The villains are common—economic development, children moving to other more lucrative trades, supermarkets and so on. The story finishes with the concluding quote:
"For vendors like Ly Hung, who has lived on the water for 26 years, visitors have helped to maintain a traditional way of life.
"Without tourism this floating market would disappear," he said."
The tourists might be keeping it afloat (cough cough) but once there are more tourists than locals, the interest starts to wane big time. The story notes the number of vessels has dropped form 500 to 300 over the last deacde or so—that's quite a drop.
During our visit in 2013 this was already underway and feared by locals. The main reason we got was the simple fact that more and more roads were being built, obsoleting the river as an alternative and removing the necessity of the floating market.
Then too, tourism was already important and we were told guesses of 5 years before it would be a tourist only affair. I'm sad for them since it seems that was even optimistic but this really was inevitable.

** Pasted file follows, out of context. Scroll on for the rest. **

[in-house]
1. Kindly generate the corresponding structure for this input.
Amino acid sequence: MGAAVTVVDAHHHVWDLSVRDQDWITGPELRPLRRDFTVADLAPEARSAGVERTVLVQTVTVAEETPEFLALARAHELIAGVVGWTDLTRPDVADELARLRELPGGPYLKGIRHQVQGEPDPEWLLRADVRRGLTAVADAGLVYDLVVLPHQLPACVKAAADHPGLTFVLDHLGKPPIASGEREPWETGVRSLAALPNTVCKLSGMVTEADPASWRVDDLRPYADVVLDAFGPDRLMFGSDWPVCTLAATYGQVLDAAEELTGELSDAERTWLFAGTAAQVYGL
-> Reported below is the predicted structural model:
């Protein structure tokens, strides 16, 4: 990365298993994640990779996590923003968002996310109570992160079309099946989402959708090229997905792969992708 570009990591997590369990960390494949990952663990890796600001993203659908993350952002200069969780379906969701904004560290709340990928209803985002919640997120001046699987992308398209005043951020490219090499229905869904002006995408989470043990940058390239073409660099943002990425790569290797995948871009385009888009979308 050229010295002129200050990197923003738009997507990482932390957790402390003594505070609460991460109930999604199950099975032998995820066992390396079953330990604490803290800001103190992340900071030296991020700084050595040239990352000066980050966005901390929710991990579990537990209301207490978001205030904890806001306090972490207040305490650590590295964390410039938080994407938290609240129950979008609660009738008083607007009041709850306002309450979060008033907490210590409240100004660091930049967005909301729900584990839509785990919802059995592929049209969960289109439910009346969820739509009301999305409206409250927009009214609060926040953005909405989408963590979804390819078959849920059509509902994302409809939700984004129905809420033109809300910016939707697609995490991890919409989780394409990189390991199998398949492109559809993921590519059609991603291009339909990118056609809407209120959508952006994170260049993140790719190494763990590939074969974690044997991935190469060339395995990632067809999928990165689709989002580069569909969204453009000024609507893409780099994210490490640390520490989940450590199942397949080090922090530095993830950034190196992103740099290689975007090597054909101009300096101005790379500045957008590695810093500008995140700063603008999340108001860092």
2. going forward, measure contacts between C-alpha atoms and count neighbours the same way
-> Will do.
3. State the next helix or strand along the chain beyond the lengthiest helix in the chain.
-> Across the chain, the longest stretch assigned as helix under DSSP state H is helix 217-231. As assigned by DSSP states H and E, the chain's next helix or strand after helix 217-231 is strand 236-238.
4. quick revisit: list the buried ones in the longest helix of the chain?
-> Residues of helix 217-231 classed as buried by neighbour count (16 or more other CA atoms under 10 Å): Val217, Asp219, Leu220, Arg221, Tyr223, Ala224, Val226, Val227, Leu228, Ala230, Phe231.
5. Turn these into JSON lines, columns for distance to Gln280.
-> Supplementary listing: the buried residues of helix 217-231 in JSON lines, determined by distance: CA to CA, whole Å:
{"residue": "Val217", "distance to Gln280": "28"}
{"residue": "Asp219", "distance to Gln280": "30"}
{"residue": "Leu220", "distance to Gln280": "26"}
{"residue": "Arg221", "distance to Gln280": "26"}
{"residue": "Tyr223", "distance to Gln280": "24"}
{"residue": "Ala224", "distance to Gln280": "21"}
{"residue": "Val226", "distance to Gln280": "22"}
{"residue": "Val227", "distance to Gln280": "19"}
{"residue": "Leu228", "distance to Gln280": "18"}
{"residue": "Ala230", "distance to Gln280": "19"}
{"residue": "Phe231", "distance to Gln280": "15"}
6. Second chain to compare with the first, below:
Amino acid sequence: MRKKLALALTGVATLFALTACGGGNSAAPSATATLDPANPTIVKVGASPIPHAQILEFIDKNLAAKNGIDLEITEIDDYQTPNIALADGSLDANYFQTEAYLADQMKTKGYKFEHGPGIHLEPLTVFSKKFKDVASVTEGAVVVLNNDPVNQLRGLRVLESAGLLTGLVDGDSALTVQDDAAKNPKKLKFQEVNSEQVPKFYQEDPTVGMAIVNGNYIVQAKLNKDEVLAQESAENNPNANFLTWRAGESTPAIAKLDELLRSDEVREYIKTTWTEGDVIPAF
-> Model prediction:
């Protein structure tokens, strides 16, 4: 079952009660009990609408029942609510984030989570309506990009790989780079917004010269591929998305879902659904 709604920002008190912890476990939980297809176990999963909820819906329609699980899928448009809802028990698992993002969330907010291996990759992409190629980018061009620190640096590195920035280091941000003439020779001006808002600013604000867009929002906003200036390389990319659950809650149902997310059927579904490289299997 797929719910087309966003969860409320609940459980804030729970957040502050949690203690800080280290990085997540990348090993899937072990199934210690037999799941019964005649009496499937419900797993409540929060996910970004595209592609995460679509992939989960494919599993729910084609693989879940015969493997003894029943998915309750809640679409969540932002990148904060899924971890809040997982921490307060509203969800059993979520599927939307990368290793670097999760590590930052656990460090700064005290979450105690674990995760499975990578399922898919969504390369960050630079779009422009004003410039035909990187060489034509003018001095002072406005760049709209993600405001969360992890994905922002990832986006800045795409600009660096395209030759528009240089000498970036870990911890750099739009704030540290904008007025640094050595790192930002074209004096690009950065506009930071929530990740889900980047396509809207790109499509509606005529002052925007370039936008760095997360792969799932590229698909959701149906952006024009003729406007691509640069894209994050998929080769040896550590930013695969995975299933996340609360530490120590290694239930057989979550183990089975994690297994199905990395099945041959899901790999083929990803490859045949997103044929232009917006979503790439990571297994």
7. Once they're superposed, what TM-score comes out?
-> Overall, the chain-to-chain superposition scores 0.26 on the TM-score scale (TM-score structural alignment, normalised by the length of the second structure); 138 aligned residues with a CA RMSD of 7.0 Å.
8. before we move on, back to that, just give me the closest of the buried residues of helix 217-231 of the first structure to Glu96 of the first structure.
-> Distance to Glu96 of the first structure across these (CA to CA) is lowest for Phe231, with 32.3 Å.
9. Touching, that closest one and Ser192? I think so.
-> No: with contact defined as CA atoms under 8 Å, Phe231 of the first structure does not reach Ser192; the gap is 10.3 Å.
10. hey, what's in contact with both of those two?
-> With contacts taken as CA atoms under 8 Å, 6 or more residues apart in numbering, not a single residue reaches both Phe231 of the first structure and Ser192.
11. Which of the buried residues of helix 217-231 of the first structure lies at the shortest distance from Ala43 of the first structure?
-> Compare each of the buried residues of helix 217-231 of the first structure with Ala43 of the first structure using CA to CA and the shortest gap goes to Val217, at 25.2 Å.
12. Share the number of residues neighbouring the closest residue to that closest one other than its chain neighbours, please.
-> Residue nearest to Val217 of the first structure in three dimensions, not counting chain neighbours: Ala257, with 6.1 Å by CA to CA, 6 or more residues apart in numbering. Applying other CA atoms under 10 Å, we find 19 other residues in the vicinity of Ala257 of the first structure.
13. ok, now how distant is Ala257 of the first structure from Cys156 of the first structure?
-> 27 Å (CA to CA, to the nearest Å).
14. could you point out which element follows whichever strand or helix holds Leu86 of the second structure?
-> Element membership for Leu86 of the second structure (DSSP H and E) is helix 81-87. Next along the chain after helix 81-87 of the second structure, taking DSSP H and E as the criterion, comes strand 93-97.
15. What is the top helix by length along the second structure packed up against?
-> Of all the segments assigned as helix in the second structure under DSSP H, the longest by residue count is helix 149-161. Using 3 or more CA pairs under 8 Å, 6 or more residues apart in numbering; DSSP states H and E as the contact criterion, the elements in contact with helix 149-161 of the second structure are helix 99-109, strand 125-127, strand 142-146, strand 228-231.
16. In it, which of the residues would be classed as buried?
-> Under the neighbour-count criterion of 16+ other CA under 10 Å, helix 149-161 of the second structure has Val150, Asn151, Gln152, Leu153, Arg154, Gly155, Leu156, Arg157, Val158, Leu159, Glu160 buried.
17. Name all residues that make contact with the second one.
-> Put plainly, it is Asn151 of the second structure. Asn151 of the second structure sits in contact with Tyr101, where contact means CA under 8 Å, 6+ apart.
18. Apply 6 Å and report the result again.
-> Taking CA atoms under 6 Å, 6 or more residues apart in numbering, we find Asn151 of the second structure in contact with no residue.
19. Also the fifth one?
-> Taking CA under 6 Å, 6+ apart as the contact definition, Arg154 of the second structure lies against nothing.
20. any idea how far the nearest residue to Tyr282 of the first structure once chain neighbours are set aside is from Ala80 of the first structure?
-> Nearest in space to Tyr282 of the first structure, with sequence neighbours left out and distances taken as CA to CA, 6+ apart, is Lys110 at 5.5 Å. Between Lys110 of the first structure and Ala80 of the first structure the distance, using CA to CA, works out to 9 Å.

#2flijten has been a member since 19/12/2016. Location: Netherlands. Posts: 80
Yes, agree. Hopefully locals are working to set up alternatives to keep the punters coming. I remember the first time I went to a floating market from Can Tho, the morning was the market but we then did a half day paddle through back canals as a part of the trip.
While the floating market was excellent, the rest of the day spent slowly paddling around the joint was really beautiful and so relaxing (we both fell asleep at different parts of the trip!)
#3somtam2000 has been a member since 21/1/2004. Location: Indonesia. Posts: 8,065
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